<?xml version="1.0" encoding="UTF-8"?>
<spoon>
  <spoonlet groupId="org.objectweb.fractal.fraclet.java" artifactId="fractal-spoonlet" version="3.2" />
  <spoonlet groupId="org.objectweb.fractal.fraclet.java" artifactId="fractaladl-spoonlet" version="3.2" />
</spoon>

Maven2 Configuration

Then, you should describe the list of spoonlets as Maven2 artefact dependencies.

<project>
  (...)
  <dependencies>
    (...)
    <dependency>
      <groupId>org.objectweb.fractal.fraclet.java</groupId>
      <artifactId>fractal-spoonlet</artifactId>
      <version>3.2</version>
    </dependency>
    <dependency>
      <groupId>org.objectweb.fractal.fraclet.java</groupId>
      <artifactId>fractaladl-spoonlet</artifactId>
      <version>3.2</version>
    </dependency>
  </dependencies>
  (...)
<project>

Finally, you should extend the Maven2 build process by using the Spoon Maven2 plugin.

<project>
  (...)
  <build>
    <plugins>
      <plugin>
        <groupId>net.sf.alchim</groupId>
        <artifactId>spoon-maven-plugin</artifactId>
        <version>0.7.1</version>
        <executions>
          <execution>
            <goals>
              <goal>recompile</goal>
            </goals>
          </execution>
        </executions>
      </plugin>
    </plugins>
  </build>
  (...)
<project>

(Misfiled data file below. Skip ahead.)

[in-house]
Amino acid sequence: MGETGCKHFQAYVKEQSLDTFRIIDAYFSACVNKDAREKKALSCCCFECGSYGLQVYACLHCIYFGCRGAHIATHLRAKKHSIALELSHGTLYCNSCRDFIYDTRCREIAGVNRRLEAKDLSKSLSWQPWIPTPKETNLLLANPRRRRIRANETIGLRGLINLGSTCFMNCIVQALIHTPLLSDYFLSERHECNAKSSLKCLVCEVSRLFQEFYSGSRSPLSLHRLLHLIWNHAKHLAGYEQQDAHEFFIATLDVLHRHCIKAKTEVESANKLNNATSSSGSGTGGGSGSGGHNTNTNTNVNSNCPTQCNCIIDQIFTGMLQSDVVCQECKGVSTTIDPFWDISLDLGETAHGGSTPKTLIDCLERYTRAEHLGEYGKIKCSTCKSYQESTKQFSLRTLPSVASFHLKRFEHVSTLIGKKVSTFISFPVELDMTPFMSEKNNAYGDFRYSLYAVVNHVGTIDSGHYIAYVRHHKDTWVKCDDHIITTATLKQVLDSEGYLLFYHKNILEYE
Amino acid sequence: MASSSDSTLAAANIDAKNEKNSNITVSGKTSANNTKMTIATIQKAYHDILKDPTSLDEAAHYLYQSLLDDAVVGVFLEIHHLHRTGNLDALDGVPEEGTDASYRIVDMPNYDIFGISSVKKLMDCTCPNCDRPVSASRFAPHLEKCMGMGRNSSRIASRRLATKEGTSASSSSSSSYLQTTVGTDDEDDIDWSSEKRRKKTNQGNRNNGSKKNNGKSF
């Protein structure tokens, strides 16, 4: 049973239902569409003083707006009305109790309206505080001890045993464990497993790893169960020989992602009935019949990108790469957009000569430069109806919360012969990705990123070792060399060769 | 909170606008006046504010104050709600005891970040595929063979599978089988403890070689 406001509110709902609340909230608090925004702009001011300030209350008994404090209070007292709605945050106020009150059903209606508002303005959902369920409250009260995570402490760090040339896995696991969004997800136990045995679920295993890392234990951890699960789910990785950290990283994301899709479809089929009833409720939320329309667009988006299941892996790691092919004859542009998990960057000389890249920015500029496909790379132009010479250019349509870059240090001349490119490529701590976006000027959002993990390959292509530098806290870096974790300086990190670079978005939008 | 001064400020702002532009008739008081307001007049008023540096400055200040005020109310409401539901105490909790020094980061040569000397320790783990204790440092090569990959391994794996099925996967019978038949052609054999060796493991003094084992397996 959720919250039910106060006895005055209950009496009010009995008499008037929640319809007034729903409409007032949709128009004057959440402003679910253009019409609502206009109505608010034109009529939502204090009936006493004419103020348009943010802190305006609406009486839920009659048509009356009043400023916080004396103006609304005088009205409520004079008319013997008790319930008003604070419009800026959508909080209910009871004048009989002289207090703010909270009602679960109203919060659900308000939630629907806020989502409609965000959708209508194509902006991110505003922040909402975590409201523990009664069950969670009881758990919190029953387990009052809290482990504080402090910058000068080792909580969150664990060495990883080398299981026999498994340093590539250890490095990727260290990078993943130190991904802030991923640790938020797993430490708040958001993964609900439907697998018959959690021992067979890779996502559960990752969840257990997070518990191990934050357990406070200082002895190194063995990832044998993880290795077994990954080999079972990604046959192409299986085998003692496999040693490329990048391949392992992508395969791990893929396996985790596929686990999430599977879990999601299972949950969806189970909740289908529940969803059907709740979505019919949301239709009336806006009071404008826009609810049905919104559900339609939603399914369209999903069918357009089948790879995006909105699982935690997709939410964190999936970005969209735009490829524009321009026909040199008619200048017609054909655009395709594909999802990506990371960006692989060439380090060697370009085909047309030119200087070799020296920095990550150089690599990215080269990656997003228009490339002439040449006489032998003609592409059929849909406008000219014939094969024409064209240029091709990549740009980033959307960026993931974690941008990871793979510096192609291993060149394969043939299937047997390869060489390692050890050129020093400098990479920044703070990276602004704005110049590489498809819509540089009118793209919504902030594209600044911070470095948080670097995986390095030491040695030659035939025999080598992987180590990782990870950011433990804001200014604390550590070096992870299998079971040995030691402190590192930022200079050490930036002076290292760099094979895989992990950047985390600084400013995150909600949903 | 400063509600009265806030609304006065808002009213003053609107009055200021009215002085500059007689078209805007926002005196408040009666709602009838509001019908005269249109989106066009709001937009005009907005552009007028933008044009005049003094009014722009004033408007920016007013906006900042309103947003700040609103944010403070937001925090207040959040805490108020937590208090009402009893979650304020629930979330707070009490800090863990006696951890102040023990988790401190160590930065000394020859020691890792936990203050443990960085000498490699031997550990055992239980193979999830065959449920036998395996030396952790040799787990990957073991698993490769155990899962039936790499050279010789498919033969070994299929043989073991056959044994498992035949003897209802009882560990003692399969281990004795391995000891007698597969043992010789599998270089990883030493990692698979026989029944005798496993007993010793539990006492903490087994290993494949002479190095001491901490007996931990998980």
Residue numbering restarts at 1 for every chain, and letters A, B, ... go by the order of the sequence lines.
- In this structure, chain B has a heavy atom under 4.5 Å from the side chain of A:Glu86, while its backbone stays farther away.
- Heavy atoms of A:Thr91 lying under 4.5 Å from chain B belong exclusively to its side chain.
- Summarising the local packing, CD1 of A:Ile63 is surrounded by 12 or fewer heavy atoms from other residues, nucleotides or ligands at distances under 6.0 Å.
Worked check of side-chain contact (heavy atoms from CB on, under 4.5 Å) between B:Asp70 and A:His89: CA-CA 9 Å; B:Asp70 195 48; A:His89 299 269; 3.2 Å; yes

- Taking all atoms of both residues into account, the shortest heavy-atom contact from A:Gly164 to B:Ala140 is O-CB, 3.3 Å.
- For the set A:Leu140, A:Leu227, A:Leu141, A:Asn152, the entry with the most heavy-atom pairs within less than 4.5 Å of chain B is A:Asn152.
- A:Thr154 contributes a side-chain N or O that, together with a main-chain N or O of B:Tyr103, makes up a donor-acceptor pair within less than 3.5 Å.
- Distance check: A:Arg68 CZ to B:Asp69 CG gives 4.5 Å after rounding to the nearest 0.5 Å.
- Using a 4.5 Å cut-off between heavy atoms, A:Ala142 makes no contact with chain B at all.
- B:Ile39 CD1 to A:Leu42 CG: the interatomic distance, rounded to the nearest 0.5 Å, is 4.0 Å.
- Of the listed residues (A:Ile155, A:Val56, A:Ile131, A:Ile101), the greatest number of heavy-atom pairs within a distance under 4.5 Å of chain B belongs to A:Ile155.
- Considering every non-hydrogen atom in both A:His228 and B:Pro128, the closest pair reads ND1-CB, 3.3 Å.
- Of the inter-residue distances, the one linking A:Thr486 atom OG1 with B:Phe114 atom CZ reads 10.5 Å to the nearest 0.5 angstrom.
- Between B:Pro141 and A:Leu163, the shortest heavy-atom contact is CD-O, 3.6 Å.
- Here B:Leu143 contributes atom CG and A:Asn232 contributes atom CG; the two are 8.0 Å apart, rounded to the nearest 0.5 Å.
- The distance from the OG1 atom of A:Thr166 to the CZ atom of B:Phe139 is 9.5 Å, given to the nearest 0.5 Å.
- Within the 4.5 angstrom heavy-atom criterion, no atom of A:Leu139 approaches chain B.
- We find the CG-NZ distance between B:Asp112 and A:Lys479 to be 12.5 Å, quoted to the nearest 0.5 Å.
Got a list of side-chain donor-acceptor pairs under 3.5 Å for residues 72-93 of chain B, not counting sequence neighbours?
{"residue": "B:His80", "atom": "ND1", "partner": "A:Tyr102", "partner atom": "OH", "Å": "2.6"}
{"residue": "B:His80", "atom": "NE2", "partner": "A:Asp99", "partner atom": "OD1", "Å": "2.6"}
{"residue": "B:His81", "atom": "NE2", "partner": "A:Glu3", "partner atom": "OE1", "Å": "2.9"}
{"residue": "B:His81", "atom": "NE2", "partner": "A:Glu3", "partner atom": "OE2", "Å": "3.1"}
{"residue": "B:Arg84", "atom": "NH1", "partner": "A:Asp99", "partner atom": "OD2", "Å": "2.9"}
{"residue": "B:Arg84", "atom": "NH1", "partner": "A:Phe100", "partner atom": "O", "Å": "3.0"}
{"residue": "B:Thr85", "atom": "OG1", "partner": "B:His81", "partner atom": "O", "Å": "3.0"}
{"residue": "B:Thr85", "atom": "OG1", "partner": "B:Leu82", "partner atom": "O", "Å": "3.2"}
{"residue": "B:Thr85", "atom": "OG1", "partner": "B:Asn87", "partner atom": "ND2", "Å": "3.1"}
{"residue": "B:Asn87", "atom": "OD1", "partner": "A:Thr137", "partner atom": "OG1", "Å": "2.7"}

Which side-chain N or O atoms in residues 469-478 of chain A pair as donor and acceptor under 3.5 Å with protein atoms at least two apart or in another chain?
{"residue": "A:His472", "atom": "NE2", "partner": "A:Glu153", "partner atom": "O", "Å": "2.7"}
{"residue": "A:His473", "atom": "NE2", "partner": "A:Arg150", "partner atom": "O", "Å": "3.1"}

Revisiting HelloWorld

This section provides a quick overview of the benefits of Fraclet. In particular, it illustrates that, using annotations, component source code becomes more concise and easier to maintain. Moreover, using Fraclet, more than 60% of the source code (Java, FractalADL) can be saved.

HelloWorld Architecture Overview

The figure below introduces the well-known HelloWorld example implemented with Fractal components.

HelloWorld Components Implementation

The source code below represents the Java code and the Fraclet annotations written to implement the Client and the Server Fractal components:

@Component(provides=@Interface(name="r",signature=Runnable.class))
public class Client implements Runnable {
  @Requires(name = "s")
  private Service defaut;
  @Attribute(value="Hello !")
  protected String message;
            
  public void run() {
    this.defaut.print(this.message);
} }